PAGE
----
Soroka's office referred questions to his Fort Lauderdale lawyer Michael Burke, a partner at Johnson, Anselmo, Murdoch Burke, Piper & Hochman. A response to Murphy's appellate brief is due Feb. 17.
"Mr. Soroka did not violate any of Dr. Murphy's rights under either federal or Florida law," Burke said. "We feel Judge Rodriguez correctly applied Florida law in directing a verdict in his favor because all of his actions that he took visa vis Dr. Murphy were within the scope of his function as city manager of Aventura."
The school is funded with tax dollars and operated by the city and Charter Schools USA Inc.
Murphy sued the school and Soroka for defamation and infliction of emotional distress in 2009. The jury found Soroka liable for $500,000 in punitive damages. There were no damages against Charter Schools USA. The vast amount of award was for lost pay, medical expenses, pain and suffering.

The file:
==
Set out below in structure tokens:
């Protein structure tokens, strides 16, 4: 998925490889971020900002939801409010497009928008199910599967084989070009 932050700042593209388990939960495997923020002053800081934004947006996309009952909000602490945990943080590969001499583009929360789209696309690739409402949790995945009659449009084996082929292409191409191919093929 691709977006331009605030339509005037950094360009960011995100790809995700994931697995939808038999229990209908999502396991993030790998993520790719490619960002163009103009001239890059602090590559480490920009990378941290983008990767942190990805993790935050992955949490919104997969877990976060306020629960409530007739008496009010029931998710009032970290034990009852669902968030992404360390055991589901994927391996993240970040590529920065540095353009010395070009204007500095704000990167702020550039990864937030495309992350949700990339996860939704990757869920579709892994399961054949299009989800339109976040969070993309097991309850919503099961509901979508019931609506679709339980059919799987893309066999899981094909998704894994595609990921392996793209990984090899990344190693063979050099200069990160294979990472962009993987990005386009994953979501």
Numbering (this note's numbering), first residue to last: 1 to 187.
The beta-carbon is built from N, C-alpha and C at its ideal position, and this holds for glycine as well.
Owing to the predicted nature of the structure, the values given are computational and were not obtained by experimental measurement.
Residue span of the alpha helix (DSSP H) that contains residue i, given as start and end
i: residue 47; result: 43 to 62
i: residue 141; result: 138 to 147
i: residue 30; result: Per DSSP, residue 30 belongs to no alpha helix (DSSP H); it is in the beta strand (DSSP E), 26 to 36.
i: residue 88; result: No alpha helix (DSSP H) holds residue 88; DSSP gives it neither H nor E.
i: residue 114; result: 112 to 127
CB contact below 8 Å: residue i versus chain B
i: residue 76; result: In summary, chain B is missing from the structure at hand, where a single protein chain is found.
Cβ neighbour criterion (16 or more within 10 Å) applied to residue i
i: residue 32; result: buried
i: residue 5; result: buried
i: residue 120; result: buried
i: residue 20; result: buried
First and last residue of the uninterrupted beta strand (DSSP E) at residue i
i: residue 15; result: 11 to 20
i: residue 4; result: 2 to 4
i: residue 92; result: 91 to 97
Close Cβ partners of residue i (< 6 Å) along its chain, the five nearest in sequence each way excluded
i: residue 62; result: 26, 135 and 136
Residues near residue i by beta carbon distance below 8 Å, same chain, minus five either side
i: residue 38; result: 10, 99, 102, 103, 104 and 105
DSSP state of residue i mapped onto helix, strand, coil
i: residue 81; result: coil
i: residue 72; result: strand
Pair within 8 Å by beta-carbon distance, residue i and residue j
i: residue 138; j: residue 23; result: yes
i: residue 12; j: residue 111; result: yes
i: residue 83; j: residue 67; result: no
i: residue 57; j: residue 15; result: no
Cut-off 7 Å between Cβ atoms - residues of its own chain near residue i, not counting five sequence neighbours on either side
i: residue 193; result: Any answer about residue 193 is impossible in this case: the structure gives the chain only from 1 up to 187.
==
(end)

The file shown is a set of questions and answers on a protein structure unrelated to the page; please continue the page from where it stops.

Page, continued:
Salary and benefits for the city manager's office, which includes Soroka, a code enforcement officer, secretary and receptionist, totals $645,604, according to the latest city budget. The Aventura City Council passed a resolution to pay for Soroka's punitive damages if need be.
Attorneys Richard J. Burton, Daniel J. Poterek and Marc A. Burton of the Burton Firm in Aventura worked so closely with Murphy on the trial and appeal that they hired her as the firm's office manager.
Poterek said he notified three Aventura police officers on Sept. 19, 2012, that he would take their depositions. His car window was smashed at the Aventura Mall that evening, and his case files and laptop were stolen. When he arrived home in Coral Gables that night, three Aventura police cars drove by as he got out of his vehicle, Poterek said.
"It was shocking to say the least," he said. "It's over 20 miles out of the way and definitely outside their city limits."
A call to the Aventura police department for comment was not returned by deadline.
Though Murphy is grateful to be working with the Burton Firm, she pines for her lost career. "The devastation to me is more than knowing that I won and the verdict was taken away. It's not being able to participate in my chosen field where my hopes, dreams and ambitions lie," she said.